National Health Interview Survey, 1989: Diabetes Supplement (ICPSR 6048)
Principal Investigator(s): United States Department of Health and Human Services. Centers for Disease Control and Prevention. National Center for Health Statistics
The basic purpose of the National Health Interview Survey (NHIS) is to obtain information about the amount and distribution of illness, its effects in terms of disability and chronic impairments, and the kinds of health services people receive. Each year, the National Center for Health Statistics conducts the NHIS, a personal interview household survey that uses a nationwide sample of the civilian, noninstitutionalized population of the United States. The NHIS includes a core set of questions that remains virtually unchanged across years on a variety of sociodemographic and health-related concerns. In addition, one or more current health topics is selected for special emphasis annually. In 1989, the NHIS included an extensive set of questions, asked of each identified and self-confirmed adult diabetic in an interviewed family, on dietary practices, health care usage, use of medication, and other related subjects. In addition, in half of the responding families, an adult sample person was randomly selected to respond to a series of questions on diabetes risk factors. If the selected sample person was a diabetic, the questions were asked within the context of the detailed questions on diabetes health practices and knowledge mentioned above. This collection also contains data from the basic questionnaire (see NATIONAL HEALTH INTERVIEW SURVEY, 1989 [ICPSR 9583]), including age, sex, race, marital status, education, veteran status, income, family relationship, self-reported health status, and activity limitations, and the number of bed days, doctor visits, and hospital stays in the previous year.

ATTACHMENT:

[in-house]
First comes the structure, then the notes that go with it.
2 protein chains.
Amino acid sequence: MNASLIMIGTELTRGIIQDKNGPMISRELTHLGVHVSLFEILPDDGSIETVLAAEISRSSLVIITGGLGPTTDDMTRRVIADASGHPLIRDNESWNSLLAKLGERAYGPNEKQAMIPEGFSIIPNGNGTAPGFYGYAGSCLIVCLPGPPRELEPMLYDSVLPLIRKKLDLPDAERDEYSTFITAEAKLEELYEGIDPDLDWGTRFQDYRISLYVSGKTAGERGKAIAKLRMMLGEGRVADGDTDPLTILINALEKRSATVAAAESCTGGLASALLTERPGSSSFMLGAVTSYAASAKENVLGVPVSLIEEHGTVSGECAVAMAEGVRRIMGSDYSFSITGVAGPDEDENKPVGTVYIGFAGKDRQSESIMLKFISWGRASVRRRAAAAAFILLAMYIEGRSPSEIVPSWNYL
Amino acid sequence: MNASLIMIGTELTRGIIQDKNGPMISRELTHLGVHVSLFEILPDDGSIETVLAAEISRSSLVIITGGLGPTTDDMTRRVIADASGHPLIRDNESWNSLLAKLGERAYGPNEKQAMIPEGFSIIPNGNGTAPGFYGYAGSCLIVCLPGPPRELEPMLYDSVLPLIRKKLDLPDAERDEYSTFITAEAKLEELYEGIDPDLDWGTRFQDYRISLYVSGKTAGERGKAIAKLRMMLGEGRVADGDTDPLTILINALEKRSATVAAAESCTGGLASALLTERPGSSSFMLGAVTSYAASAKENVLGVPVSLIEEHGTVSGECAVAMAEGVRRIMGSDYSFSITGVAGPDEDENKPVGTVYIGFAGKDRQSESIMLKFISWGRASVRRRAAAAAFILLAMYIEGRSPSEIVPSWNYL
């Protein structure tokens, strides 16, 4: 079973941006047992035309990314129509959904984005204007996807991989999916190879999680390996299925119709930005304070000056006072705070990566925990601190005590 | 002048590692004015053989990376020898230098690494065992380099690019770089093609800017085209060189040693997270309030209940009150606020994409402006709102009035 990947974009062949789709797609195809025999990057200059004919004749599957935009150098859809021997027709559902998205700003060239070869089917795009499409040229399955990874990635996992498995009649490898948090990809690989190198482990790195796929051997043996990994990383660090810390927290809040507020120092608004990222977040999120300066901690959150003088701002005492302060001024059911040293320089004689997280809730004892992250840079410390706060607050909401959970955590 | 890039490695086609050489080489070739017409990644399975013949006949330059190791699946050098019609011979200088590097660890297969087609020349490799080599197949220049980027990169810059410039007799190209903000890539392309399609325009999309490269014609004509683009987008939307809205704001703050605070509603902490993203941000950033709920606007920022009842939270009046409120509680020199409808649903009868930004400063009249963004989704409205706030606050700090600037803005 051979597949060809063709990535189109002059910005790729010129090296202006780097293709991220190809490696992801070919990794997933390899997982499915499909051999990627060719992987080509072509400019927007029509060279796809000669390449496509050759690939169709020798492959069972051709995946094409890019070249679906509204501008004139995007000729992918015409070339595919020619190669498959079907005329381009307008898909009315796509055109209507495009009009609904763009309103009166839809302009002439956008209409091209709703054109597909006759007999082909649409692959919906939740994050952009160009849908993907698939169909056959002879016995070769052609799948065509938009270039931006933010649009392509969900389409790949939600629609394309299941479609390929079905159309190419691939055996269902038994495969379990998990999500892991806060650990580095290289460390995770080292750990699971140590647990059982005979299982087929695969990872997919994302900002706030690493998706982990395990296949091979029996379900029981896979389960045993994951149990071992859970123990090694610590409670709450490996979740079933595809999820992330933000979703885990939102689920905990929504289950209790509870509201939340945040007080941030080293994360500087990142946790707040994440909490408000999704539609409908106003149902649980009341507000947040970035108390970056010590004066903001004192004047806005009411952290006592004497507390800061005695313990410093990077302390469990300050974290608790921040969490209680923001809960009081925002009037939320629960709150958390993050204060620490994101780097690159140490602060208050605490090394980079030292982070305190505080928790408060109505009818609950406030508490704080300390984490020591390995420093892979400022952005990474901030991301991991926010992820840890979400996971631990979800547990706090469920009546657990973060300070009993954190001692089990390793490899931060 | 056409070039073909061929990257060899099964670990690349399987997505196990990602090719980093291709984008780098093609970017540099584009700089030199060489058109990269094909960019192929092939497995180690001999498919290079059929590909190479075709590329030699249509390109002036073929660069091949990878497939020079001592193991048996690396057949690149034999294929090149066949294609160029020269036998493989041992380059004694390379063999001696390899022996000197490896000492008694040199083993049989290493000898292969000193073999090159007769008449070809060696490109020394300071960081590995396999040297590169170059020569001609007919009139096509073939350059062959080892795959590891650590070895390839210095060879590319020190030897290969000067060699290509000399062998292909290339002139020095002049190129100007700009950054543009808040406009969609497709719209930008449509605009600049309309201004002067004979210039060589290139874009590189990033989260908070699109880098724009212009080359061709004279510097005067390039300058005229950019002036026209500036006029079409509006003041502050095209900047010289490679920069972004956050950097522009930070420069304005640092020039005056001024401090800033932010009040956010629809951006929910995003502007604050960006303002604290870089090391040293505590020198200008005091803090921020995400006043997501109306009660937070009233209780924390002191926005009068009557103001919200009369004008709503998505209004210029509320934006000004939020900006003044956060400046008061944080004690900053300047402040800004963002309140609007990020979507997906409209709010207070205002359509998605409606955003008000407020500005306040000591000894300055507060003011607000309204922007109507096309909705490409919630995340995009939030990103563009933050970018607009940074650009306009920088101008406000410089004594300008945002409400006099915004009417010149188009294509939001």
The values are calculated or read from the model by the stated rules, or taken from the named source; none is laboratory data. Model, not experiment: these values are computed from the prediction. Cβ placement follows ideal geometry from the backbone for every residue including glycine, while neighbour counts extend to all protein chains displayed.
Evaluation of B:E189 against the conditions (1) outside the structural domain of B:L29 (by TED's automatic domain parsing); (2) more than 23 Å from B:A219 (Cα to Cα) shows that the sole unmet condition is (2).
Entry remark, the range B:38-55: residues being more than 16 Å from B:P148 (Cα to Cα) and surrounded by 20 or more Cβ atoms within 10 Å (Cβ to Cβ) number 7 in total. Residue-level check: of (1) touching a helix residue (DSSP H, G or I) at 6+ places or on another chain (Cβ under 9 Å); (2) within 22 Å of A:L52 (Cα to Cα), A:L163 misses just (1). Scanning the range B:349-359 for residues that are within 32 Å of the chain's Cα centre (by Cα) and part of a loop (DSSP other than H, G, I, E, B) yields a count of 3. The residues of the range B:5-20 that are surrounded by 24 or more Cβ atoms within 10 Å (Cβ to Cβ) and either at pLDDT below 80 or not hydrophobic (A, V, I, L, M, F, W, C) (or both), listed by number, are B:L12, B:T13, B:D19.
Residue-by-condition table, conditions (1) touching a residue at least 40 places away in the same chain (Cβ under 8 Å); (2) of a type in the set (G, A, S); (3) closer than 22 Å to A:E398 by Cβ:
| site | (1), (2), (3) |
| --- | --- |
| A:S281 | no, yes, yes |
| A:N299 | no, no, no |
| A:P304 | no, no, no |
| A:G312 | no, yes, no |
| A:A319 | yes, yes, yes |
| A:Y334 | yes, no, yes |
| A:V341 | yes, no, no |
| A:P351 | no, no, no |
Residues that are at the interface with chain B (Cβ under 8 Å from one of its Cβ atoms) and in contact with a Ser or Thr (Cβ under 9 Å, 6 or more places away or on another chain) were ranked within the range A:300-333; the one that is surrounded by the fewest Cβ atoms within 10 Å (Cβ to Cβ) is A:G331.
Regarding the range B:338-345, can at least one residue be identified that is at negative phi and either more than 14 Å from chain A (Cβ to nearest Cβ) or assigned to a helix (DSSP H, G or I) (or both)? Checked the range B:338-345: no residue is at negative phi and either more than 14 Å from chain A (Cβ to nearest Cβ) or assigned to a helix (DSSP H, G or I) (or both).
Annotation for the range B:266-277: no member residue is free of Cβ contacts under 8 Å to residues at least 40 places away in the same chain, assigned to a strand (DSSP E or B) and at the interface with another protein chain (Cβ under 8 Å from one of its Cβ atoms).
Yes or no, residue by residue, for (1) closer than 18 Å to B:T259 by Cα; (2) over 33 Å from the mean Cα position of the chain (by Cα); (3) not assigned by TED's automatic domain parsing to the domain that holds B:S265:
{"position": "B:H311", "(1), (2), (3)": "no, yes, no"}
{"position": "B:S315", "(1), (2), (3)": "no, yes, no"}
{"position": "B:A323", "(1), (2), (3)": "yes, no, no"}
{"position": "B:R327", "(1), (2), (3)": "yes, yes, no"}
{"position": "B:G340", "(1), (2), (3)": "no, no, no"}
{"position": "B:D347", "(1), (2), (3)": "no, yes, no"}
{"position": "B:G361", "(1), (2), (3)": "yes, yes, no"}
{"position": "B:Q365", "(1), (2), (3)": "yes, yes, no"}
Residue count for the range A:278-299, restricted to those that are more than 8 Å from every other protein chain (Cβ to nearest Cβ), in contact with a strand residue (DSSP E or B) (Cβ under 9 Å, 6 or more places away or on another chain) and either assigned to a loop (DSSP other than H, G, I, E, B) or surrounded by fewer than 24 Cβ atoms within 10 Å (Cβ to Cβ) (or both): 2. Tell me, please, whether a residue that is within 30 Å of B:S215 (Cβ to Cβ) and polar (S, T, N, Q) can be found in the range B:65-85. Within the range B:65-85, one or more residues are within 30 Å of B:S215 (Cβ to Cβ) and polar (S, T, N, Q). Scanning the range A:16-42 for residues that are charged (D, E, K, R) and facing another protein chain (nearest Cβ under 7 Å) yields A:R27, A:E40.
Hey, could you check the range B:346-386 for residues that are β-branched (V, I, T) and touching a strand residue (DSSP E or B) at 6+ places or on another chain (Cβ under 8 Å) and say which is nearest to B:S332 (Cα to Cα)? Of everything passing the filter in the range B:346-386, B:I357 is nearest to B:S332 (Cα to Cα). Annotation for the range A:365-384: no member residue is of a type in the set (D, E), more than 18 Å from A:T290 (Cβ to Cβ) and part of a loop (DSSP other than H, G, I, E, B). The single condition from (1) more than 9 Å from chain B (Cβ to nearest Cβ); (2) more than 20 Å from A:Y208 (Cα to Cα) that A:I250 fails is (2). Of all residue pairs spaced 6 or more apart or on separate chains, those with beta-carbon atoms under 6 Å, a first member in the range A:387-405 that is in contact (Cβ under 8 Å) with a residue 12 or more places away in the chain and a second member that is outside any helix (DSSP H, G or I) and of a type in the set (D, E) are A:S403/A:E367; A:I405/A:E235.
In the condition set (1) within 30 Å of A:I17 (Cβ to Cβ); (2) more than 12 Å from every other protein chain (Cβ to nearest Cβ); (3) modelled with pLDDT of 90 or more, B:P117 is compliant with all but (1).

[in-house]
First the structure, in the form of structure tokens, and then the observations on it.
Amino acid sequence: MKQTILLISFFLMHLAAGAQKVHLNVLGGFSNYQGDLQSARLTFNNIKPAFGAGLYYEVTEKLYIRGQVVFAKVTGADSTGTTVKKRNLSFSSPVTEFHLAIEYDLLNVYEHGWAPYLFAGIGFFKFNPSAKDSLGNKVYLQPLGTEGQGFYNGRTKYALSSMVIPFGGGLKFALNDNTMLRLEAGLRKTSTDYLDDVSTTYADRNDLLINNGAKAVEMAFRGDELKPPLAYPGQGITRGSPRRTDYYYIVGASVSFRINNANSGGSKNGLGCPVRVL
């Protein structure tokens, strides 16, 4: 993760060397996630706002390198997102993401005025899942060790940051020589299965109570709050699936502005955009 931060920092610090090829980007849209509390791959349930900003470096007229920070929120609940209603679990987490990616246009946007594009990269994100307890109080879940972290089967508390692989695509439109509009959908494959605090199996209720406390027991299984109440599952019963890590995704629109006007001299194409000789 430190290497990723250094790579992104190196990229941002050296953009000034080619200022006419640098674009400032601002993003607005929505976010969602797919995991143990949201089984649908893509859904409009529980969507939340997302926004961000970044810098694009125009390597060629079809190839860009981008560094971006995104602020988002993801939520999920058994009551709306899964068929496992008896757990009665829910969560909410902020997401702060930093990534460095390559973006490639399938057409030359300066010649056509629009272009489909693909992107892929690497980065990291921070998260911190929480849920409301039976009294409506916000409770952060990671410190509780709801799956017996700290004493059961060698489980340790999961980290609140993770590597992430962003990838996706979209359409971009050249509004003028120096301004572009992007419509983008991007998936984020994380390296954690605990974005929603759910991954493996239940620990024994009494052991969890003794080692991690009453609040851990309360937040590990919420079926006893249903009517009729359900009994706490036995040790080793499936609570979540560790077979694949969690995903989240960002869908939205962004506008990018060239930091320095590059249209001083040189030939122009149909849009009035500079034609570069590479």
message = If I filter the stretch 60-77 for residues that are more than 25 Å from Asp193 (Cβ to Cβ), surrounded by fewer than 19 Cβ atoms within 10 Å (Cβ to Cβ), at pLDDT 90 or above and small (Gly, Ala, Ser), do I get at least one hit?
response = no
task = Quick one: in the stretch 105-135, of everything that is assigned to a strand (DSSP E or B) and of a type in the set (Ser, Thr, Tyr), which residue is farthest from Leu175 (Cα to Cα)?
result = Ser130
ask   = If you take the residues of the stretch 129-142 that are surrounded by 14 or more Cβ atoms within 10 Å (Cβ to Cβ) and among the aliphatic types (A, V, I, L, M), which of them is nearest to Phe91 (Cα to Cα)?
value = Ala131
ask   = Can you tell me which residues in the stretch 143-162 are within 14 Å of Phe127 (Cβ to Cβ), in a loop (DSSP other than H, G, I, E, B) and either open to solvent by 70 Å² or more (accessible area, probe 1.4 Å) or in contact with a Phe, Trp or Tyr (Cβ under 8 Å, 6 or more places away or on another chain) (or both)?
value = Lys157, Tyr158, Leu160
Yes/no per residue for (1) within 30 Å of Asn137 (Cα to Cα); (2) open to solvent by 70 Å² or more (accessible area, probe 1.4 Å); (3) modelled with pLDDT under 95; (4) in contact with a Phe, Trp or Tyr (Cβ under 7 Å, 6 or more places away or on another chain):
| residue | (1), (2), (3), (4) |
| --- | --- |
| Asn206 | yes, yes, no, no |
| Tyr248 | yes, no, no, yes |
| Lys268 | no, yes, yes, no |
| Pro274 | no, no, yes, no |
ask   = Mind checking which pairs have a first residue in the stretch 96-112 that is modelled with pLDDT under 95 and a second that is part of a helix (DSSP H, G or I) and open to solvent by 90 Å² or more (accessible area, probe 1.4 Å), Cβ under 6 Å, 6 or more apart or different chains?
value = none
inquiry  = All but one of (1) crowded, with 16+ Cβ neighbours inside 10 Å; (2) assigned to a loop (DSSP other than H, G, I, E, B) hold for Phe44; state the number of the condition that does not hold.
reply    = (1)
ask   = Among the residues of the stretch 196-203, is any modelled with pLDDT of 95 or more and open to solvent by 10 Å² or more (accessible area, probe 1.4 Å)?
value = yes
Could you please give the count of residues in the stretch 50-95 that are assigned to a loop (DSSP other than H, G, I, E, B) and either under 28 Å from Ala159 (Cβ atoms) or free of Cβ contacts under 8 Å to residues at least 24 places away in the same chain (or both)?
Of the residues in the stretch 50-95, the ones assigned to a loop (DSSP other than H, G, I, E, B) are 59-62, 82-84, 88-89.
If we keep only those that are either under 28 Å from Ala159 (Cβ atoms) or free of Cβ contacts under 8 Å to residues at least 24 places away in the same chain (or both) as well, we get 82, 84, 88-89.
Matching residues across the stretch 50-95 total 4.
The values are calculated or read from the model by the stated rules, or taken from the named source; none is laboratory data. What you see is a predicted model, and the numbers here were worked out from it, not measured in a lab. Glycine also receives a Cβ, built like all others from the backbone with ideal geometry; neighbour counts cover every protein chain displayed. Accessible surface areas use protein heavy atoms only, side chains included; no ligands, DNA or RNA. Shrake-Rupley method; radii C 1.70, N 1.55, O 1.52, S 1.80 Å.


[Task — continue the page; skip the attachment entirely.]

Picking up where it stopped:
These data are freely available.
United States Department of Health and Human Services. Centers for Disease Control and Prevention. National Center for Health Statistics. National Health Interview Survey, 1989: Diabetes Supplement. ICPSR06048-v1. Ann Arbor, MI: Inter-university Consortium for Political and Social Research [distributor], 1993. http://doi.org/10.3886/ICPSR06048.v1
Persistent URL: http://doi.org/10.3886/ICPSR06048.v1
Scope of Study
Subject Terms: chronic disabilities, chronic illnesses, diabetes, diet, disabilities, health, health care, health care services, health problems, health services utilization, illness, medical care, medical history, medications
Geographic Coverage: United States
Date of Collection:
Universe: Civilian, noninstitutionalized population of the United States.
Data Types: survey data
Data Collection Notes:
Per agreement with NCHS, ICPSR distributes the data file(s) and technical documentation in this collection in their original form as prepared by NCHS. The age distribution for this file is: 18-24 (N = 11,362), 25-44 (N = 36,688), 45-64 (N = 22,277), 65-69 (N = 4,788), 70-74 (N = 3,830), and 75+ (N = 5,627).
Sample: Multistage probability sample.
Restrictions: In preparing the data tape(s) for this collection, the National Center for Health Statistics (NCHS) has removed direct identifiers and characteristics that might lead to identification of data subjects. As an additional precaution, NCHS requires, under section 308(d) of the Public Health Service Act (42 U.S.C. 242m), that data collected by NCHS not be used for any purpose other than statistical analysis and reporting. NCHS further requires that analysts not use the data to learn the identity of any persons or establishments and that the director of NCHS be notified if any identities are inadvertently discovered. ICPSR member institutions and other users ordering data from ICPSR are expected to adhere to these restrictions.
Original ICPSR Release: 1993-10-02
Related Publications (?)
- List all ~19 citations associated with this study
- View citations for the entire series
Most Recent Publications
- Citations exports are provided above.
Export Study-level metadata (does not include variable-level metadata)
If you're looking for collection-level metadata rather than an individual metadata record, please visit our Metadata Records page.